Category Archives: TVGame

The TVGame

So, I finally started watching Person of Interest, which is what got me thinking about this.So, I have an ur-RPG-system in my head that I have referenced occasionally and that I apply to almost every TV show I watch, which is composed of domains and ranks. Let’s call it TVGame for ease of reference, though really it works equally well for most fiction.

Domains are areas of expertise, like fighting or computers. Every show has a different set of domains, since they reflect what the show is about. Something that might be a very broad domain in one show might be sliced finely in another. For example, Academics might be a fine domain in one show, but in something like The Librarians it might get broken out into Math, History, Biology or other fields (since most of the characters are academics of some stripe). Alternately, a lot of stories might offer finer gradations of fighting, to distinguish the sniper and the martial artist. Domains get very fiddly in the specific (and I could write several posts about them), but the idea is straightforward enough.

Ranks are a measure of how good the character is in the domain, broken down as follows:

Terrible – The character is not merely unskilled, they are actively terrible at this. Should they try to engage in this activity, it will almost certainly go horribly wrong in a manner suiting the tone of the show. Usually used for comic relief or to reflect full on barriers, like Professor X’s athletics.

Unskilled – The character has no particular training or aptitude in this field, but neither are they particularly bad. In most circumstances, they are unexceptional. A good example is driving – most people just drive without trouble, but are not actually trained drivers.

Capable – The character is good at this, usually good enough to be a professional. The majority of characters in any show are Capable at one or two things, and Unskilled at everthing else (Heroes and villains being the exceptions). Examples include cops, gangsters, teachers and really anyone.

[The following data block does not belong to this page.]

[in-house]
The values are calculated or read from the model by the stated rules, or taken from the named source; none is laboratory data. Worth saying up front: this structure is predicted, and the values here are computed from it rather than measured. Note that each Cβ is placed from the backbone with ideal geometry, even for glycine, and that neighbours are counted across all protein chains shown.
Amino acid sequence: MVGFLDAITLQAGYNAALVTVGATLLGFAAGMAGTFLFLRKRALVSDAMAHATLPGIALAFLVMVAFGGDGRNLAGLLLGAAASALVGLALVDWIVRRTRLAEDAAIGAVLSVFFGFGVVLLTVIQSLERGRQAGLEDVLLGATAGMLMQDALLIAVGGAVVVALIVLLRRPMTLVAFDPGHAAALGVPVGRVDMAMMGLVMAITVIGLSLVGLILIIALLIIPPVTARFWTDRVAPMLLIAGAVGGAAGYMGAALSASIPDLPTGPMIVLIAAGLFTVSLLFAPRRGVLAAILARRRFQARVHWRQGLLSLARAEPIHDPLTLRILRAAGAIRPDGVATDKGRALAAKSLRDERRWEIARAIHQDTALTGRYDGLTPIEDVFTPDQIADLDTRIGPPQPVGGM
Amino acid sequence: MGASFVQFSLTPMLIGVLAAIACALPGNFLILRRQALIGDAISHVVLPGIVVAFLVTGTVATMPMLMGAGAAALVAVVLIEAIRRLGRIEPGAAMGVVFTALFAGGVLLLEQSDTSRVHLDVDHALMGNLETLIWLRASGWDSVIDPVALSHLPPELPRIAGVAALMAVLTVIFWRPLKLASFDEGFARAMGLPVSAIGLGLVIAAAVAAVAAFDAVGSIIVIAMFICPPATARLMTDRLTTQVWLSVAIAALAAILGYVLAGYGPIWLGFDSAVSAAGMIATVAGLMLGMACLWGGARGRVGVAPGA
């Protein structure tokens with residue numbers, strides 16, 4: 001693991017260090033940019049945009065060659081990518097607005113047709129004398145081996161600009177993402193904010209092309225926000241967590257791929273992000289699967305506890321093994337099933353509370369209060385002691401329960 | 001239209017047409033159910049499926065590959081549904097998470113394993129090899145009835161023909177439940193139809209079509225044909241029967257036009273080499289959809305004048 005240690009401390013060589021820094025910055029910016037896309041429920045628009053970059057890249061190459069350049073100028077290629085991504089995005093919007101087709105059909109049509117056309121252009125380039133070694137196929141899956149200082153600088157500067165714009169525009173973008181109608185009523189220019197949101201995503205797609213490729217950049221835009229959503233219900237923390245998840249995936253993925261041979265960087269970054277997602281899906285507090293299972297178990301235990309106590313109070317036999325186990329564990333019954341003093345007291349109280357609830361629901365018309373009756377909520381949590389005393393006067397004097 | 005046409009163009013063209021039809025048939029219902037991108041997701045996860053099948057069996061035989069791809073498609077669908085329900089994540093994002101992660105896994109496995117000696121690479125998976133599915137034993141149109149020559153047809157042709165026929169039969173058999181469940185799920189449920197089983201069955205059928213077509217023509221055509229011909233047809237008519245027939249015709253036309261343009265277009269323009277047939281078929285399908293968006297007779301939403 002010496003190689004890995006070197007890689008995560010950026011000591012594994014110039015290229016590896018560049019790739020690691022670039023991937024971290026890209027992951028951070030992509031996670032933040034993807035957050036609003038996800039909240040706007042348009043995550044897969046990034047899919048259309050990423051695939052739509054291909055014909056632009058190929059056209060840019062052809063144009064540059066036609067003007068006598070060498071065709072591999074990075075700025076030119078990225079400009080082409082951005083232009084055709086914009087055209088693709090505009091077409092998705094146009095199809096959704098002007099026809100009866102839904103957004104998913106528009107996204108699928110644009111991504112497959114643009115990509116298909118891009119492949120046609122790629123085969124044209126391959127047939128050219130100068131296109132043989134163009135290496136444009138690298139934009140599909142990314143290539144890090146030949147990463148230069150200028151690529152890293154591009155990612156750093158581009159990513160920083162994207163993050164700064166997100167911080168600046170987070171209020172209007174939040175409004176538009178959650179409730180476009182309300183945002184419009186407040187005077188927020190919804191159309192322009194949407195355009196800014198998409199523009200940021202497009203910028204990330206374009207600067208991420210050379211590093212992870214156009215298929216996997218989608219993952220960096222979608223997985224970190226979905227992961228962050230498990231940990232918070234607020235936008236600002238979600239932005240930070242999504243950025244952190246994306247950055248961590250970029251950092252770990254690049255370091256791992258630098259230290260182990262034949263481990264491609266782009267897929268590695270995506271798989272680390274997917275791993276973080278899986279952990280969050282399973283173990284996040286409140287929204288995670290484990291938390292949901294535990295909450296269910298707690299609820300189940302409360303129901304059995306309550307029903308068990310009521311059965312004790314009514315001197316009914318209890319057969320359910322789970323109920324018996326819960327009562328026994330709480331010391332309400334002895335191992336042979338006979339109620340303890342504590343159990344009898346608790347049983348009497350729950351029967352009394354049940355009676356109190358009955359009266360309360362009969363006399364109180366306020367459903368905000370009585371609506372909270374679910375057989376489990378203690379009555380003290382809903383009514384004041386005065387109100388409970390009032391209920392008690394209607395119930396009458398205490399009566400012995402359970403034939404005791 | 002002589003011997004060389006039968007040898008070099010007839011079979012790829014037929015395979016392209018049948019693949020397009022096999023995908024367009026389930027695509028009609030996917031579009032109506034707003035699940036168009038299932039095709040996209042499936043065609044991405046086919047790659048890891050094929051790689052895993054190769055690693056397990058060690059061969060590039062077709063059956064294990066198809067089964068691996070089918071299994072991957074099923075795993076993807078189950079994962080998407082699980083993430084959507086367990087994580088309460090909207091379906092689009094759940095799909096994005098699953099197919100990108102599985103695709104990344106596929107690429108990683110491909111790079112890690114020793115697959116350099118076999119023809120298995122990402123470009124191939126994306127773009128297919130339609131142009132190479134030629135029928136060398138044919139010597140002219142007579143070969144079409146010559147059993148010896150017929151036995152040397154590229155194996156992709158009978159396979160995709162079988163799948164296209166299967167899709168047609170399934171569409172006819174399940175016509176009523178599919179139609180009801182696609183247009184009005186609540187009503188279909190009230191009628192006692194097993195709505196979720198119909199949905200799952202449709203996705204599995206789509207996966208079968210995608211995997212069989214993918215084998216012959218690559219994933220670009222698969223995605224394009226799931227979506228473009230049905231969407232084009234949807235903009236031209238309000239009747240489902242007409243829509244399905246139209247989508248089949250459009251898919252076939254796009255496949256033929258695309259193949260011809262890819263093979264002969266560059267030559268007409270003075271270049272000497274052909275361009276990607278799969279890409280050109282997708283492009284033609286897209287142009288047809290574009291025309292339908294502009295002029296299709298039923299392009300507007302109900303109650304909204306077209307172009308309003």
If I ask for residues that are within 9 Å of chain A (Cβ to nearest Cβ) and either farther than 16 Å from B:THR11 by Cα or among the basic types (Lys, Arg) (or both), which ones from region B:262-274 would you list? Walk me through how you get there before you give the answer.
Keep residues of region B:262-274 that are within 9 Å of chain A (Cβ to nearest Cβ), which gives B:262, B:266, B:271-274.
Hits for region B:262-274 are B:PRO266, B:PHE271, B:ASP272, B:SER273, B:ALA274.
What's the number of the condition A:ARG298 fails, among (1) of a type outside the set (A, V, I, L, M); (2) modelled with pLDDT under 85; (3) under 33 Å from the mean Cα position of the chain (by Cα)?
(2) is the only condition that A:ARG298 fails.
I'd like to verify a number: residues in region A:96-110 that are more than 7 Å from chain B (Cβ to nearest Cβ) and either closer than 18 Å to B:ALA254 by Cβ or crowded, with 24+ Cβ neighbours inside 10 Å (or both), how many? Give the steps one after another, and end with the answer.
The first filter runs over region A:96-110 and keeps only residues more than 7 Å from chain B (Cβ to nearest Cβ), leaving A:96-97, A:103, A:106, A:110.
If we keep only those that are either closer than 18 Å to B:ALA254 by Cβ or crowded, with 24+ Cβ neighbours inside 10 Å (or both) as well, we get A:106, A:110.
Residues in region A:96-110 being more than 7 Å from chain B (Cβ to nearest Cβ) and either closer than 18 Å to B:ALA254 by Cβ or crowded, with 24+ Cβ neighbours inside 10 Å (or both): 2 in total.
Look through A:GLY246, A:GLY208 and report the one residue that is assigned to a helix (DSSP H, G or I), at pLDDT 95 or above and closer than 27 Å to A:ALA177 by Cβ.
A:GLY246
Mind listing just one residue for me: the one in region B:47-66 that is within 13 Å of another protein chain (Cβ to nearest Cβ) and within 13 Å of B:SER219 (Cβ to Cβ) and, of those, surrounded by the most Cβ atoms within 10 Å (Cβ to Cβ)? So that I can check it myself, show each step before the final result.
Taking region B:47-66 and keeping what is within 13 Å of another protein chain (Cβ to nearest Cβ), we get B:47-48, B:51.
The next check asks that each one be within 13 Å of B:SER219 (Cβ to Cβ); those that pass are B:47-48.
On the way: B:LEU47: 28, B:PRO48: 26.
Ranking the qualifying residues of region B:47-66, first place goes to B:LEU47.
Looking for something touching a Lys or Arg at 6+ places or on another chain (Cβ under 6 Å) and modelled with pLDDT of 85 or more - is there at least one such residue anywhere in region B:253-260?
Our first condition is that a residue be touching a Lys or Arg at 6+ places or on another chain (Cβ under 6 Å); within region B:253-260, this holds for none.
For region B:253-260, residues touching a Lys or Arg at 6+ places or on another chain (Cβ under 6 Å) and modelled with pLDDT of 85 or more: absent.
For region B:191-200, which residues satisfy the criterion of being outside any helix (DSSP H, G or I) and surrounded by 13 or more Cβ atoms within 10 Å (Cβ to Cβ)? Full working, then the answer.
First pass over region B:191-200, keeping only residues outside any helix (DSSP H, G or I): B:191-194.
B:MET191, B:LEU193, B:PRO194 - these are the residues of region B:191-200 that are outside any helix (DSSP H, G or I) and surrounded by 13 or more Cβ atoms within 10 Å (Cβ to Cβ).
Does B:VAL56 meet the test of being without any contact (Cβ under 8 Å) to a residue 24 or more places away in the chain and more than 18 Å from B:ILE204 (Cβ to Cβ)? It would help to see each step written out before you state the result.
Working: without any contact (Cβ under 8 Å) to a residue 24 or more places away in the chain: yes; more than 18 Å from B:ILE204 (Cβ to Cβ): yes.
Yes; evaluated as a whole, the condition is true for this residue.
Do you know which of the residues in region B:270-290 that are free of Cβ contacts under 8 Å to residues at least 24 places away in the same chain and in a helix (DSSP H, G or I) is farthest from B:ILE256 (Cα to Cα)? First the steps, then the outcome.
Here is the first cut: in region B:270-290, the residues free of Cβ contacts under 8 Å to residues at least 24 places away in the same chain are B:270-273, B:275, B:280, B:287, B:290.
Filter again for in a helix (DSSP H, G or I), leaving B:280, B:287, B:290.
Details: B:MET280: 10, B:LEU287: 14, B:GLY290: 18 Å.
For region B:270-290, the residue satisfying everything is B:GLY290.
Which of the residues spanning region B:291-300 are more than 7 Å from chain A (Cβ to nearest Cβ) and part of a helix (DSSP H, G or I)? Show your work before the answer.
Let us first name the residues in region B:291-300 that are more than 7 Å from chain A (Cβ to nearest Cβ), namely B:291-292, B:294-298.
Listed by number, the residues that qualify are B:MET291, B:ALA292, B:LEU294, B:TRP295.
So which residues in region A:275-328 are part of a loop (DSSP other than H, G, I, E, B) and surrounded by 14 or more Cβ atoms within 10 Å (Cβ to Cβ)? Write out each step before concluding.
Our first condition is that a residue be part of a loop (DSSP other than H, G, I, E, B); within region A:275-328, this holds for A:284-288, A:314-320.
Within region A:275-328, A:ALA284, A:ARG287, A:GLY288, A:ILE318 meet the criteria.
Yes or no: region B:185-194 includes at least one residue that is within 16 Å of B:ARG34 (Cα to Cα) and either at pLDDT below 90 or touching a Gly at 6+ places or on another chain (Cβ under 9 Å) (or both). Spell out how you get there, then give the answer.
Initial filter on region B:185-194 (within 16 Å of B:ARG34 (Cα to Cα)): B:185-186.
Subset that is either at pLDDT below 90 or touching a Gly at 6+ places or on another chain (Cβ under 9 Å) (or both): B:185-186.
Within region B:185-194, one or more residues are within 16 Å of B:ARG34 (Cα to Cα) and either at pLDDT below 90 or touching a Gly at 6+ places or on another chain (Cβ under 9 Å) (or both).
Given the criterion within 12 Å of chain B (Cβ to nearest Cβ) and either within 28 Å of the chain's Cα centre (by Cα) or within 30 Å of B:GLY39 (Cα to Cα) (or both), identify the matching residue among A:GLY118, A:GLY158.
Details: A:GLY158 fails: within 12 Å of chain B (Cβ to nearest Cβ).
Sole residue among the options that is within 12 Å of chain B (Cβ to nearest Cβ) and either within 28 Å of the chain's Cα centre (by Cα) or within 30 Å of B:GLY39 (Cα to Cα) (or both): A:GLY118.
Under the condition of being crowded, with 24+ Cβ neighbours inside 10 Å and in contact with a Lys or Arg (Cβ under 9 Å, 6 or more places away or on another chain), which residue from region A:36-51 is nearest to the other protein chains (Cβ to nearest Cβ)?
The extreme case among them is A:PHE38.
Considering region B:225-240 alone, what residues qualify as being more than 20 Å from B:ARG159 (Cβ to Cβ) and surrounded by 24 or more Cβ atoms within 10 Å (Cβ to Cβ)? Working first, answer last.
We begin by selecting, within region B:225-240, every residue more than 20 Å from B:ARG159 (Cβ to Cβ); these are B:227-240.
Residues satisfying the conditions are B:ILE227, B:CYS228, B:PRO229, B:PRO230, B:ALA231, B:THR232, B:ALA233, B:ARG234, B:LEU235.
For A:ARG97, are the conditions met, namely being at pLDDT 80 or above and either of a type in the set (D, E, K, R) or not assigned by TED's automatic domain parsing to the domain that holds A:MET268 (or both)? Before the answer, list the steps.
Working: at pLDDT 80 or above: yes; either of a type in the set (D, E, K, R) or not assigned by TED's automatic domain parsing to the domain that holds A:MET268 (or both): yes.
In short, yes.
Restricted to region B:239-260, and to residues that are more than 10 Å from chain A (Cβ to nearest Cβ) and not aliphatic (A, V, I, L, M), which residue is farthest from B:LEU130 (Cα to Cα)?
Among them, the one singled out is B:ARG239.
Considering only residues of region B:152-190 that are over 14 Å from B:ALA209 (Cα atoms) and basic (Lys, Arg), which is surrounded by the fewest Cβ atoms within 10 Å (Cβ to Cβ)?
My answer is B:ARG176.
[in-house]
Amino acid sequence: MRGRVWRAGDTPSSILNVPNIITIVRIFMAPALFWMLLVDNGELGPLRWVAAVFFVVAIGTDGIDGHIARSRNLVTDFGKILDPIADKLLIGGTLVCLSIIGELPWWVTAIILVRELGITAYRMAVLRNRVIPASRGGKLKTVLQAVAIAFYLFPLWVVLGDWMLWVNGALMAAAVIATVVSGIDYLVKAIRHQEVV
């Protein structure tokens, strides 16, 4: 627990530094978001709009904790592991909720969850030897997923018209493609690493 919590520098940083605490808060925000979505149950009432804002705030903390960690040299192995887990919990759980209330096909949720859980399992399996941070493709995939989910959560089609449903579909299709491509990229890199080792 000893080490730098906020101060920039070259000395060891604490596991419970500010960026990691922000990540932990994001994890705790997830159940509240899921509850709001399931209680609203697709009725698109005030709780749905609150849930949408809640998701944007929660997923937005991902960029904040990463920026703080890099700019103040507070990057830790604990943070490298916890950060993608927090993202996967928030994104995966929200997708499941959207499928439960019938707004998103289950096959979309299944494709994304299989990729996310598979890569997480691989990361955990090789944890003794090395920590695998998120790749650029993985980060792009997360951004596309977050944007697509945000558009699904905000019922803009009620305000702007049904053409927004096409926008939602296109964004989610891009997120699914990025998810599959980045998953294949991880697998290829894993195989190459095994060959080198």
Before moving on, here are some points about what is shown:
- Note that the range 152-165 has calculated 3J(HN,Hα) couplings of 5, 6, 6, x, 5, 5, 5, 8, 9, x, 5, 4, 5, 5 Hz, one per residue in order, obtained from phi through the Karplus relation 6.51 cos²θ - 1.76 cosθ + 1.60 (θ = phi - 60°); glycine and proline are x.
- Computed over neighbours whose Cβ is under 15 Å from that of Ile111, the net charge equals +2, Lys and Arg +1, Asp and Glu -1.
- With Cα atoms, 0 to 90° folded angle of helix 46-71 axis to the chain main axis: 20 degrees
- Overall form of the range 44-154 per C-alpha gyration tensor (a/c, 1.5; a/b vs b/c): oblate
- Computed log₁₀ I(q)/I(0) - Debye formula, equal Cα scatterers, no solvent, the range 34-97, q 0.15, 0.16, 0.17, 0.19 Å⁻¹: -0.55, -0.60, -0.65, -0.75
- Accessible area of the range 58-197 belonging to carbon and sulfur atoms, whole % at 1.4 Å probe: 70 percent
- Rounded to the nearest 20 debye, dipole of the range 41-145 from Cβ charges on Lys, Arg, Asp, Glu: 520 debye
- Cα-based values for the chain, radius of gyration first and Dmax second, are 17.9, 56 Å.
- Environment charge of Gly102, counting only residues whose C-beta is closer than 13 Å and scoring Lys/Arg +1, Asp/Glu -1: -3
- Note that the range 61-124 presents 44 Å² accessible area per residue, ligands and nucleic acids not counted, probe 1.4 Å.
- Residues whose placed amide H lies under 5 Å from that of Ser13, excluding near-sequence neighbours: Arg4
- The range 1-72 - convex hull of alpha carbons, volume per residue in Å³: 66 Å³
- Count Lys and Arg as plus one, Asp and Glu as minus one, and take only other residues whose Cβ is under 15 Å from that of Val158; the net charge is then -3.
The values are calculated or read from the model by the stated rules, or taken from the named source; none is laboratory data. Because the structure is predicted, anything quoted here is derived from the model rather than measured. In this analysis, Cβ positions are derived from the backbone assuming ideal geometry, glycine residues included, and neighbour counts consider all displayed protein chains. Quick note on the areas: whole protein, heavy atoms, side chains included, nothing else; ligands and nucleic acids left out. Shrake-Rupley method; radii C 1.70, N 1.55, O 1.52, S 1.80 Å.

Exceptional (or, as I say in conversation, Badass) – The character is super awesome at this particular thing. They’re the super hacker, the special forces assassin, the billionaire and so on. The protagonists (and villains) are probably exceptional at one or more things.

Transcendent – Like Exceptional, but more so. As with Terrible, this sees only limited use, since it usually exists for plot purposes, so there’s a place to put old masters and sentient AIs. Show that skew towards very wide competence porn may make use of this tier as a distinguisher, but that’s something to be careful about, because it can turn into an arms race.

The base mechanic is simple and diceless – higher rank wins. The bigger the margin, the more the higher tier dominates. If it’s more than one step, the higher ranked character does not just win, but effectively controls how the situation spools out. With this in mind, one of the “tactical” avenues of play is to leverage a situational rank boost. This is not easy, but it can be done to reflect things like overwhelming force. A mob of Capable cops can be a threat to an Exceptional soldier unless he can change the situation somehow. This is also incentive to try to move a conflict to a different domain.

If a conflict happens within a tier, that’s when you switch over to a more fiddly system. The actual fiddly system is kind of irrelevant, and can absolutely be tuned to your taste. It may seem kind of handwavey to describe it so briefly, but as with domains, the decision for how you handle conflicts is based on how you want your specific play to go. If you need it to be something, assume it’s Risus.

There are other bits. Adding aspects as a meta-wrapper is easy enough – in the main game, an invoke can increase your rank within limits. It can either let you bypass something with no particular opposition or can let you get up to a fair fight against opposition. Within the subgame for conflict, their utility depends on how the specific subgame works. Because of the granularity of this, it tends to work well for the “Few, but potent” model of aspects rather than the “language of narrative” approach, but I’m sure that can be tweaked.

Anyway, I want to share the TVGame because it gives me a decent way to talk about things I see on TV and how I’d game them up, which will be fodder for future posts.